Mid-length easements, with landowner buy-back provision, which protects wetland/prairie complexes from conversion.
Contact: North Dakota Wetlands Trust Payment for perpetual agreement which protects prairie from conversion. Contact: U.S. Fish & Wildlife Service Ducks Unlimited The Nature Conservancy
Acquisition of prairie; focus is on areas associated with wetlands or areas with high biodiversity values.
Contact: The Nature Conservancy U.S. Fish & Wildlife Service North Dakota Wetlands Trust
Voluntary conservation agreement which is non-binding. Technical assistance is available to landowners.
Contact: The Nature Conservancy and North Dakota Parks and Recreation Department
Provides cost share for implementation of beneficial grazing systems.
Contact: North Dakota Wetlands Trust U.S. Fish & Wildlife Service
Provides financial incentives for developing wildlife habitat.
Contact: Natural Resources Conservation Service
Provides technical assistance for grazing management systems.
Contact: Natural Resources Conservation Service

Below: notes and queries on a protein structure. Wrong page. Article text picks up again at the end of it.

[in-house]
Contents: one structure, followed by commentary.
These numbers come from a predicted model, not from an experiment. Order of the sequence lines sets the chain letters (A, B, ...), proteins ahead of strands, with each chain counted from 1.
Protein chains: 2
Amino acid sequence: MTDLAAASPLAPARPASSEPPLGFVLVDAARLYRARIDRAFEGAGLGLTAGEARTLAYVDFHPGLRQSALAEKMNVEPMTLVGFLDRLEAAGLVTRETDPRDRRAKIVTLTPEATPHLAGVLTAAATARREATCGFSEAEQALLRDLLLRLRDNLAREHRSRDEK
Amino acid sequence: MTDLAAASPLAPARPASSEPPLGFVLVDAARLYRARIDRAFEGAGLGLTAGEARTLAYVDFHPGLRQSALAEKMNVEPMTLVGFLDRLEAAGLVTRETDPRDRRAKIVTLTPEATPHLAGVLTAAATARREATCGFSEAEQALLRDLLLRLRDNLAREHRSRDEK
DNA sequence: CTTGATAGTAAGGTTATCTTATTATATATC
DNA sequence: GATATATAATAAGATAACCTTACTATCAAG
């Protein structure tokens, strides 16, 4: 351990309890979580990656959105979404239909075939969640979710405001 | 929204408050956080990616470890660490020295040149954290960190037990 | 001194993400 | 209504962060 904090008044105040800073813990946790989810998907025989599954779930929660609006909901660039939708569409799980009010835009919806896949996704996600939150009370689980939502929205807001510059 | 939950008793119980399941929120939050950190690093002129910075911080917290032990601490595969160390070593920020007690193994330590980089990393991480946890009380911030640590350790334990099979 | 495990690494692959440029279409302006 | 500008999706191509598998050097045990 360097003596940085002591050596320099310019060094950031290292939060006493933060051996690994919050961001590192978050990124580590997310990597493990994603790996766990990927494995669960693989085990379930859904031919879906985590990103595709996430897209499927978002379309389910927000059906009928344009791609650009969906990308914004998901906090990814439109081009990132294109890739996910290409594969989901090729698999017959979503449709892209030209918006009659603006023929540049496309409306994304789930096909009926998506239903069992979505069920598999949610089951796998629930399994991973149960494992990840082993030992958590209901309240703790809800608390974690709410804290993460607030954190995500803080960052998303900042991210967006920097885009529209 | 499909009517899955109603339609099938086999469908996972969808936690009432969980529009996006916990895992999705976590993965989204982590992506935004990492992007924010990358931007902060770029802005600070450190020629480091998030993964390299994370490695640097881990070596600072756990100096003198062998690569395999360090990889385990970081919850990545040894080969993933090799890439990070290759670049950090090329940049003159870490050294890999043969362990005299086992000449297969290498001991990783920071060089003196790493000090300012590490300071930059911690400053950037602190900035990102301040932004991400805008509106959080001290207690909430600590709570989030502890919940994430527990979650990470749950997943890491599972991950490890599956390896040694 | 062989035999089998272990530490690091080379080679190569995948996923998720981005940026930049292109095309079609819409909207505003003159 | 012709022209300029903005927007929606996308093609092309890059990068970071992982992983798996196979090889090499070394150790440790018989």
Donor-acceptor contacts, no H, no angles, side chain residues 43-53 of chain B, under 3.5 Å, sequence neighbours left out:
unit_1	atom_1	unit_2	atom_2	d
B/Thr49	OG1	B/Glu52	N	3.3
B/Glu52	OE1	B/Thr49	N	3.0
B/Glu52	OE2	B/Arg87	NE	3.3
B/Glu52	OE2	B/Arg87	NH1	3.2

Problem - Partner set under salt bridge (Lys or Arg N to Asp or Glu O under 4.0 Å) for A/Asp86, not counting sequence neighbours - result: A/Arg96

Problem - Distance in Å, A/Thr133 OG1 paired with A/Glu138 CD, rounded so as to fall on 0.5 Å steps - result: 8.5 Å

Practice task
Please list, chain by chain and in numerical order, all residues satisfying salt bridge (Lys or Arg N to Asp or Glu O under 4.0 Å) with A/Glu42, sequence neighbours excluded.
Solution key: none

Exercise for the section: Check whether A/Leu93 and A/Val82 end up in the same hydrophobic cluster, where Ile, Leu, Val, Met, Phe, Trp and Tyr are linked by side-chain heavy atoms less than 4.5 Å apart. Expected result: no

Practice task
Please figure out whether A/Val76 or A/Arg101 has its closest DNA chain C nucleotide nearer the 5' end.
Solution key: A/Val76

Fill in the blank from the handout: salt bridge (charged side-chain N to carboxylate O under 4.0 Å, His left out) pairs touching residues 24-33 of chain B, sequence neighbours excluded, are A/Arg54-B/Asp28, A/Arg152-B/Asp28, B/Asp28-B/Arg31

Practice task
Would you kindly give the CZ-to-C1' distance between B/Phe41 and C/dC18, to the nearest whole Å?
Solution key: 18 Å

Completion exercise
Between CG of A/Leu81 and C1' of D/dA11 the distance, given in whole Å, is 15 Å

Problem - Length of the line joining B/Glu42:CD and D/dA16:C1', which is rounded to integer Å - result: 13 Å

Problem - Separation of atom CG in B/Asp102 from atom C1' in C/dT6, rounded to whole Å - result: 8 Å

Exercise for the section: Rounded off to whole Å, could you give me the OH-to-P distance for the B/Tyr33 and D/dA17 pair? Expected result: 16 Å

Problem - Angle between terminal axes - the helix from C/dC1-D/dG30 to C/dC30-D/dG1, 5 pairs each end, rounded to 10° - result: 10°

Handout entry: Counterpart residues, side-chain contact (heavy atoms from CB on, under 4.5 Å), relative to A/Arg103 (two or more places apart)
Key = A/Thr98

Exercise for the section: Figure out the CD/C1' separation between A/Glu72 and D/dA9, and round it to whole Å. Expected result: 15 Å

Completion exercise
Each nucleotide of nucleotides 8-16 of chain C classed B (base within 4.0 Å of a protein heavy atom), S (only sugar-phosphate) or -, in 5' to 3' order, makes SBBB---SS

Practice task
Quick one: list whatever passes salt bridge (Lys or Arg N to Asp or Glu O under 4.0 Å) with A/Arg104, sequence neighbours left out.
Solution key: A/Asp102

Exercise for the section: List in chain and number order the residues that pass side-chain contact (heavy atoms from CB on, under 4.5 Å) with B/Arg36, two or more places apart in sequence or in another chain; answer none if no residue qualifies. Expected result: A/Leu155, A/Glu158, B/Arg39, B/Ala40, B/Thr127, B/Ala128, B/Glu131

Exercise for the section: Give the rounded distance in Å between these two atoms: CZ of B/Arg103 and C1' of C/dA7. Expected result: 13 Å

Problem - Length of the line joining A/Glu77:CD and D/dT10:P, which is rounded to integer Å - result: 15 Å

Offers financial and technical help for practices which improve or maintain natural resources such as prairie.
Contact: Natural Resources Conservation Service
Provides assistance for fencing and water developments for grazing systems.
Contact: Ducks Unlimited
Provides annual lease payment for idling prairie or other wildlife habitat.
Contact: North Dakota Game and Fish Department
Ducks Unlimited The Nature Conservancy 3502 Franklin Avenue P.O. Box 1156 Bismarck, ND 58501 Bismarck, ND 58502-1156 701-258-5599 701-222-8464 North Dakota Game and Fish Department U.S.D.A. Natural Resources 100 North Bismarck Expressway Conservation Service Bismarck, ND 58501 220 East Rosser Ave. 701-328-6300 Bismarck, ND 58501 701-250-4425 Nature Preserves Program U.S. Fish & Wildlife Service North Dakota Parks and Recreation Department 1500 Capitol Avenue 1835 Bismarck Expressway Bismarck, ND 58501 Bismarck, ND 58504 Private Lands Program 701-328-5357 701-250-4418 Realty Program 701-250-4415 North Dakota Wetlands Trust P.O. Box 3175 Bismarck, ND 58502 701-223-8501
The North Dakota Parks and Recreation Department's facilities, programs and employment procedures are open to all, regardless of age, sex, race, color, disability, religion, national origin, or political affiliation. For an alternate format of this publication (Braille, large print, audio tape, etc.), contact:
North Dakota Parks and Recreation Department 1835 Bismarck Expressway Bismarck, North Dakota 58504 701-328-5357